Taking the DJ performance to a new level is a tall task. Since DJs stepped outside of the club and onto the stage, they've struggled with making the often-obscure craft translate to their crowd. What began as confusion over cross-faders and bad viewing angles has since gotten much worse, as two turntables have been joined by laptops. It's not fun to watch someone seemingly checking their email. While electronic acts have made efforts with light shows and special effects, not much has been done for the hip-hop DJ since turntablist-centric groups like the X-ecutioners and Invisibl Skratch Piklz figured out that screens should show the artists' hands cutting and scratching. (Although, Z-Trip, Peanut Butter Wolf and others have made great strides blending audio and visual.)

But DJ Skee is trying to change all that.

Tonight at Vanguard, he debuts Skeetox, an event that's been in the works for over six months and promises “the future” and “special surprise guests” from long-term Skee collaborators (possibilities include LA heavy hitters like The Game, Snoop, Evidence and Freddie Gibbs). He's got a band full of studio and touring musicians–two guitarists, a bassist, a bunch of keyboards, a drummer–and enough LED lights to infect ravers with epilepsy.

It's a lot to pull off correctly, but Skee hasn't done much else but come correct since coming to Los Angeles from Minneapolis. He started at Power 106 and has since moved on to KIIS-FM's Sunday night show and a weekly gig on Sirius XM Satellite Radio. Skee has also become one of the country's Top-5 mixtape DJs, nominated for eight Justo Awards in 2008 alone. And then there's the marketing/multi-media side, where he turned a gig at SRC Marketing into a company of his own, one that's worked with Nike, T-Mobile, Universal, and spawned the popular Skee.TV, which has accumulated 110 million YouTube hits for its interviews, freestyles and behind-the-scenes action.

But the live element was lacking and we caught up with DJ Skee this week to find out why it was so important to fix that.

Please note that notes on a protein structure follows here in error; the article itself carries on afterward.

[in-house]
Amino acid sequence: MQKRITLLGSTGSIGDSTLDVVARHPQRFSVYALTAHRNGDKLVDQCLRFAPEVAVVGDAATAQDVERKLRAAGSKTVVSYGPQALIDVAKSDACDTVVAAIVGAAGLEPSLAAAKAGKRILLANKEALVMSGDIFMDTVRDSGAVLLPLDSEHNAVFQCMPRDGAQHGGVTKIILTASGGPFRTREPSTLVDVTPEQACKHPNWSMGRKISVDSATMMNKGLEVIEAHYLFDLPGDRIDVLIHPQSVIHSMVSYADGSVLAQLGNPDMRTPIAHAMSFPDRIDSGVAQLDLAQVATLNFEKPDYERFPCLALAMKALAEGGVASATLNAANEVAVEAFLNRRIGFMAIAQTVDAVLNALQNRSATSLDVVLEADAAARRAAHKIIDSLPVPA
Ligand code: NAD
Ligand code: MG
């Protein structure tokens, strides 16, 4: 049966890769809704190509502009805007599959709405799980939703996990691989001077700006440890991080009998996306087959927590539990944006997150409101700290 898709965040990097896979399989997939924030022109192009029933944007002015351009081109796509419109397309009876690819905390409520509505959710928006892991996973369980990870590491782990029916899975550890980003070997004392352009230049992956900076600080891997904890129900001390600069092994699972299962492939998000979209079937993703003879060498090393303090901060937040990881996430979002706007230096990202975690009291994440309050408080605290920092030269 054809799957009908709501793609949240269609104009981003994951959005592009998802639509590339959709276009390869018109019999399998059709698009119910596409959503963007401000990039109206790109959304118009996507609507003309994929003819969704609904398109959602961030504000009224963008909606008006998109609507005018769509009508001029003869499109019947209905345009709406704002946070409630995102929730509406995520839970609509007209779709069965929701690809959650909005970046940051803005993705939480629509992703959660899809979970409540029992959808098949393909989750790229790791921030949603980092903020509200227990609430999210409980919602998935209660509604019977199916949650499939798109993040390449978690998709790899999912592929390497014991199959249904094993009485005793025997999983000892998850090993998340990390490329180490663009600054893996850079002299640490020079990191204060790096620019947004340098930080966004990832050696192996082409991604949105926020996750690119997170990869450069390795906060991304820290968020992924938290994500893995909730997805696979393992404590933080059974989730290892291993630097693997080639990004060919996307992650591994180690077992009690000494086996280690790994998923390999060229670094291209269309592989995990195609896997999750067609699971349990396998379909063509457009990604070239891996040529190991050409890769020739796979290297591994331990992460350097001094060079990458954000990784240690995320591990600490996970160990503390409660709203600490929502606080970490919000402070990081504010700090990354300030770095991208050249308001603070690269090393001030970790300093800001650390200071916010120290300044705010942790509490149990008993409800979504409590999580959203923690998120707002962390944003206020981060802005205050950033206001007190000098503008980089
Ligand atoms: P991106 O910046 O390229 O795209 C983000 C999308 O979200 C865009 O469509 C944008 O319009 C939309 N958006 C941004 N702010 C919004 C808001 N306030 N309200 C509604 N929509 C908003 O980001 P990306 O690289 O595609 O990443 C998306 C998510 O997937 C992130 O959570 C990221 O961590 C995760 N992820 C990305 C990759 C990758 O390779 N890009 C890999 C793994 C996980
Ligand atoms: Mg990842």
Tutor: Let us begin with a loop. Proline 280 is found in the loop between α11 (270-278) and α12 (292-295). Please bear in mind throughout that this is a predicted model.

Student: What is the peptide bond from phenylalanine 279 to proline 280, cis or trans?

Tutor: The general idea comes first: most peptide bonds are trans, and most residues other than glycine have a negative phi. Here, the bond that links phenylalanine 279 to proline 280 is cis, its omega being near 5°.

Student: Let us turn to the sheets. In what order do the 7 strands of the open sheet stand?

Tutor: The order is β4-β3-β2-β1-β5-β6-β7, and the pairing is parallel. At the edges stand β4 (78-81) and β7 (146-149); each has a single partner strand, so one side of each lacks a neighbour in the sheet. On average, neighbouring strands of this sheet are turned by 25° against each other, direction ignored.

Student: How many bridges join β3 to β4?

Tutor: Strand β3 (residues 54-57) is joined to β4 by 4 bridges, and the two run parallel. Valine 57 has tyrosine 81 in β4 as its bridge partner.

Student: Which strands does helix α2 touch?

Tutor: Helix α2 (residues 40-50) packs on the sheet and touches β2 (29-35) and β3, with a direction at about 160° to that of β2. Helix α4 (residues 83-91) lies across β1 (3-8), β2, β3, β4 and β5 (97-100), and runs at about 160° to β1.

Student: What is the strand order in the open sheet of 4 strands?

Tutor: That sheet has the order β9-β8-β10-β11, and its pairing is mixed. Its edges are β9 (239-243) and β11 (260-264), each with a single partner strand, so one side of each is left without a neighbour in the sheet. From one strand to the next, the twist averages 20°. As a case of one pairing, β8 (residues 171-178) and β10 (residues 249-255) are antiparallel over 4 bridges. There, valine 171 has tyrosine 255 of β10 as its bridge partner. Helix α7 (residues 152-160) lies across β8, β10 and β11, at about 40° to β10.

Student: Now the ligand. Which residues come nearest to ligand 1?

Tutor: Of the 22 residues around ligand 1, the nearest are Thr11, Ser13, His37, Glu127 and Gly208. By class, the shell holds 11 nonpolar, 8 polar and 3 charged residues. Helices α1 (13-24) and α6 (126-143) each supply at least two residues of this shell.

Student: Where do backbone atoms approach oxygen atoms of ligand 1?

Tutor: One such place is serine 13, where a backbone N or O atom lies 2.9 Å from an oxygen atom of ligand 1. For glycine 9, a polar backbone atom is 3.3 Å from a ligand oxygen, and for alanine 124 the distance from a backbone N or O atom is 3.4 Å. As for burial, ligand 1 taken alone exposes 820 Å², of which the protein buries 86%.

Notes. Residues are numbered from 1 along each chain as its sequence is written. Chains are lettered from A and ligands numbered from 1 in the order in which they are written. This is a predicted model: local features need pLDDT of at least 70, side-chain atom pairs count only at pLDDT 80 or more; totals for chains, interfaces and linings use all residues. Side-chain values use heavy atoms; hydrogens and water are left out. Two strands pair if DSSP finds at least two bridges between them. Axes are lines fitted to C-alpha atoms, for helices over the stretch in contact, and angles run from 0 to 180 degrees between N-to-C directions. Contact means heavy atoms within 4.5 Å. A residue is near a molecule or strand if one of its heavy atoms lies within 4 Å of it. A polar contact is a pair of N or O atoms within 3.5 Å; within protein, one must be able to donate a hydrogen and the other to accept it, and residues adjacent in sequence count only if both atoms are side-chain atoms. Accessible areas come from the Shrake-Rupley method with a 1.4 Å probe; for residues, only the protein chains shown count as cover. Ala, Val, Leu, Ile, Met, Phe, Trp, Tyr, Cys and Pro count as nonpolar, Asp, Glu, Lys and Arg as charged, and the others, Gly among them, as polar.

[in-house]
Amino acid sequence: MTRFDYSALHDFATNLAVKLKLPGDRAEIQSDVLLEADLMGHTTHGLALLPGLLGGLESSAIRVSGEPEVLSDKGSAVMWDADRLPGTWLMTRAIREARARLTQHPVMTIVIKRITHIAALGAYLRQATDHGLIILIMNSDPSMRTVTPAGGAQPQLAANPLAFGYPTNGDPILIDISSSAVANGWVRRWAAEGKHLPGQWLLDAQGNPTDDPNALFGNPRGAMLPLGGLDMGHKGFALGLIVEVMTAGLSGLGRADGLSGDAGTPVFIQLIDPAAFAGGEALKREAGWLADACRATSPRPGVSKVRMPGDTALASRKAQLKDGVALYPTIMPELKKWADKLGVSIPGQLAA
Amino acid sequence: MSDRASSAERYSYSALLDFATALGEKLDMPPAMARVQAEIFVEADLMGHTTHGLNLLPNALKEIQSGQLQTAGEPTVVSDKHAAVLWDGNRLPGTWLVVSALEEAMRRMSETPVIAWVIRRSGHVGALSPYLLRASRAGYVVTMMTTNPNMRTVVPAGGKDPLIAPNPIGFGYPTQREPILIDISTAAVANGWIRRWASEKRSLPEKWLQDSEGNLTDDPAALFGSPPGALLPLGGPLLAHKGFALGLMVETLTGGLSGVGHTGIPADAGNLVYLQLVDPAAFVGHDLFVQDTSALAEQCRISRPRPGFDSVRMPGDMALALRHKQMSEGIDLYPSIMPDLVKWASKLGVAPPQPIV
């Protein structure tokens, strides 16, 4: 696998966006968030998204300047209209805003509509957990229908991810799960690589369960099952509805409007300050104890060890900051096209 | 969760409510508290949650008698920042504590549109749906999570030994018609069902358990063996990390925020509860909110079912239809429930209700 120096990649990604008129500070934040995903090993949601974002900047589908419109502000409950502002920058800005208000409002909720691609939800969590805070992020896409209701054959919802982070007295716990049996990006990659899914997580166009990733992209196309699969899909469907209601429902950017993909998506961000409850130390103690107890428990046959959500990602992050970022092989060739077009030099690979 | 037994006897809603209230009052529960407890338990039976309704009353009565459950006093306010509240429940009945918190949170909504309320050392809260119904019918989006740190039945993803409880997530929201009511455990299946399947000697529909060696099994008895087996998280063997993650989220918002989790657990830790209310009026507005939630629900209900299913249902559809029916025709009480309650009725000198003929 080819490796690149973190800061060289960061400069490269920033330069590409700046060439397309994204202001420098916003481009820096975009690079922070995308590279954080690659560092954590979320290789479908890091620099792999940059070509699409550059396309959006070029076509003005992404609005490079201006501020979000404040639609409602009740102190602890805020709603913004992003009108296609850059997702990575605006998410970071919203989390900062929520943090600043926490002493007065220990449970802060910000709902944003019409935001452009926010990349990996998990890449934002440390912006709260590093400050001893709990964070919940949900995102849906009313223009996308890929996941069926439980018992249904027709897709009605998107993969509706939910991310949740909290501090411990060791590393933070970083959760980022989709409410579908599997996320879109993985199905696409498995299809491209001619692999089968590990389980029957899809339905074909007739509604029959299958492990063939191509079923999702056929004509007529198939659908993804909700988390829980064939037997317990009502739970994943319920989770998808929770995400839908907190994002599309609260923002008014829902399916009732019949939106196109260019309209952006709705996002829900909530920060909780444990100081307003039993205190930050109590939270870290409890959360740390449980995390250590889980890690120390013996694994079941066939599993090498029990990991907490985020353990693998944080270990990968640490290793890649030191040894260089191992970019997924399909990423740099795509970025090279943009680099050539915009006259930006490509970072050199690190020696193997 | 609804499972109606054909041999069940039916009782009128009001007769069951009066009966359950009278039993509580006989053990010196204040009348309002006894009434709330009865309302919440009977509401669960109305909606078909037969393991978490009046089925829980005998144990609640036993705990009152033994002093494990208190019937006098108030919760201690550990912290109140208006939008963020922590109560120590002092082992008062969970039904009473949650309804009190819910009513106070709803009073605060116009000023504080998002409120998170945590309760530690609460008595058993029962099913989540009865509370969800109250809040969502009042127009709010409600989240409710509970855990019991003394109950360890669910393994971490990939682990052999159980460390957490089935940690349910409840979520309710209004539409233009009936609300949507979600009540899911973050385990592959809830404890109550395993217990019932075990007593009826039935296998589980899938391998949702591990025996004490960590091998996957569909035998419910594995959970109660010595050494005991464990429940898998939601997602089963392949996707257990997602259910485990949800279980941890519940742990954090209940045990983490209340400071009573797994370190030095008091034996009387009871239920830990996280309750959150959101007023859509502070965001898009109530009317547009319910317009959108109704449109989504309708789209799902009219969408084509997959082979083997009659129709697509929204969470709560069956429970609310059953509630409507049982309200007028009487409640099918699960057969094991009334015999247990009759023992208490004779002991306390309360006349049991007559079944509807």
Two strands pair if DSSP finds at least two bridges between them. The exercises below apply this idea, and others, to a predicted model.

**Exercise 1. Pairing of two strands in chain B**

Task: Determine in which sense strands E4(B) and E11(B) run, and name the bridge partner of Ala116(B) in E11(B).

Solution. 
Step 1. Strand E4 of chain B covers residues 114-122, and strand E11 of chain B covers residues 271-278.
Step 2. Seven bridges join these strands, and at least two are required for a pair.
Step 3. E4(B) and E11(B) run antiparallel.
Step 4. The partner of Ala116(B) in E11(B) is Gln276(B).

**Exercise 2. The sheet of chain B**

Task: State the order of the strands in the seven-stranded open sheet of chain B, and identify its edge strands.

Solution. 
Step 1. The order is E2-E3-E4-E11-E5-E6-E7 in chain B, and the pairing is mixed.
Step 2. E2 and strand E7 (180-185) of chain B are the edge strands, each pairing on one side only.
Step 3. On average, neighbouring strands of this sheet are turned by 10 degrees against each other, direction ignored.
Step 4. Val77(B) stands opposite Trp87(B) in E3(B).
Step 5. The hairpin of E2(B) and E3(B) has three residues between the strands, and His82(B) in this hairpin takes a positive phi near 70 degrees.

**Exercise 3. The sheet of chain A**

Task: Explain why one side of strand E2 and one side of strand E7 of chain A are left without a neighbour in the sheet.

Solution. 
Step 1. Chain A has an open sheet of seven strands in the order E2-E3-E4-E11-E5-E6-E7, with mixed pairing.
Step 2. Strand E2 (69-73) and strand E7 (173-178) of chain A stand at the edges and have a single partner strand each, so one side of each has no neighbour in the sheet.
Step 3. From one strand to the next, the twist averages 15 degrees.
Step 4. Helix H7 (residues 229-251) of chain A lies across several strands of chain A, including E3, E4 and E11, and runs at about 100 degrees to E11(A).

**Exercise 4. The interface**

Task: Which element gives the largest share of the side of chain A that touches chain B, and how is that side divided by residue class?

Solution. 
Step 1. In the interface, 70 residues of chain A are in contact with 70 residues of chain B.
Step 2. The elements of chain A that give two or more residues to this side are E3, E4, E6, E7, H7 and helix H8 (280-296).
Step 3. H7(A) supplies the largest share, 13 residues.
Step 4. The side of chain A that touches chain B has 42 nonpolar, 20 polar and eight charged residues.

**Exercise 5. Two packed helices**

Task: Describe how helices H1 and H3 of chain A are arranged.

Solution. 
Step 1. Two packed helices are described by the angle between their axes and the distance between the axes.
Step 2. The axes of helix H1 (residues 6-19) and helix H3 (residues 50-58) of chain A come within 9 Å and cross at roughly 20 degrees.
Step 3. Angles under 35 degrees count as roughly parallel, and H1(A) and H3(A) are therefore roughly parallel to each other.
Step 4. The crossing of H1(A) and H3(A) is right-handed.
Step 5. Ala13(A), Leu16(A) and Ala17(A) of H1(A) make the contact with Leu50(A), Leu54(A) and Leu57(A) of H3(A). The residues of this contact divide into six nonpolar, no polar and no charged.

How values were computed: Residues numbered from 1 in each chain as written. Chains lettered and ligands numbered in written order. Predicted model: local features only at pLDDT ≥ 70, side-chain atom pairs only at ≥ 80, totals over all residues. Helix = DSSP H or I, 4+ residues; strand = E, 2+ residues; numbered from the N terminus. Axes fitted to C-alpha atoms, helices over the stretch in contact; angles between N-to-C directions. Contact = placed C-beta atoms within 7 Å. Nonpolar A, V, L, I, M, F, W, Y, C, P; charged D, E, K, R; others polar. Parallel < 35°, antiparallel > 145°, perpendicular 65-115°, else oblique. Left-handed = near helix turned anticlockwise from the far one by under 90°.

And if you're too cool to leave your computer for a live event, you can stream Skeetox live from your laptop at 10 PM

How did the idea of Skeetox originate?

I've been thinking on this for a year and a half, two years, especially with how big DJ culture is getting with games like DJ Hero. And the live DJ show is typically underwhelming–I'm talking about concerts because clubs are another story. It's tough for a DJ to give a real concert behind two turntables and a laptop, which just isn't that exciting to watch. A lot of people who don't know the specifics [of DJing] might not really understand what is going on. So I wanted to flip it and mix the elements of a great live show–talented people onstage and the crazy lights–with what a DJ can do. I'm not just playing along with tracks, we're creating them live. The band is remixing the track and I'm chopping up the vocals–there's so much freedom in this set-up, it's a lot of fun. If I had the just the beat playing behind it, it wouldn't sound as good.

How did you make the song selections for Skeetox?

I obviously had some idea when we went into the studio, but it really came from that. I wanted it to be a real mix of songs, so you can hear everything from Eminem to Bon Jovi to TLC to Marvin Gaye, everything across genres and generations. So we had this dream set and then from there, the toughest part was finding all the acapellas because so many songs don't have them. We called in favors and did some cool tricks for songs that we really wanted, but we needed to have the stand-alone vocal to make it work. We couldn't do it with just tracks, that was against the whole purpose. [But in the end], we wanted to make the show enjoyable for people who may not know a lot about music, as well as the most hard-core critical music fans. The critical type might be like “oh damn, they switched it that?” and the average person might not notice such a small thing, but will still have fun with it.

Besides just having a band, how important are its individual pieces?

This show wouldn't be possible without them, we have some of the best musicians. They all understand everything from the true music theory to really rocking a party. It's really been great and actually given me even more ideas about what I can do in the future.

What was your involvement with the visual aspect, the lights and all that?

I don't know the technical aspects, like what kind of screens and all that. But my thing is that I know how to get people who are great at what they do. I just want this to be the craziest thing in the world, and then I gave him a little bit of my vision, and [Total Solution Production–same company behind Alicia Keys at the Great Wall of China and Jay-Z at the World Series] came back with their version, and then we were able to go back and forth with what was possible. So I was definitely hands on with that part of it. It's going to be a full experience–people can come and dance like at a club or sit back and watch the show. Even with today's ADD culture, people are going to walk away tired from this show.

One of the most buzz-worthy artists you've worked with is Freddie Gibbs…are you guys working on an album yet?

We're actually working right now on a mixtape and trying to figure out the next step–whether it's dropping an EP or an album or some more multi-media stuff–so we'll see where it goes. There are no rules right now, that's why we're blessed to be independent artists, we can do our own thing. And Gibbs is obviously blowing up everywhere.

LA Weekly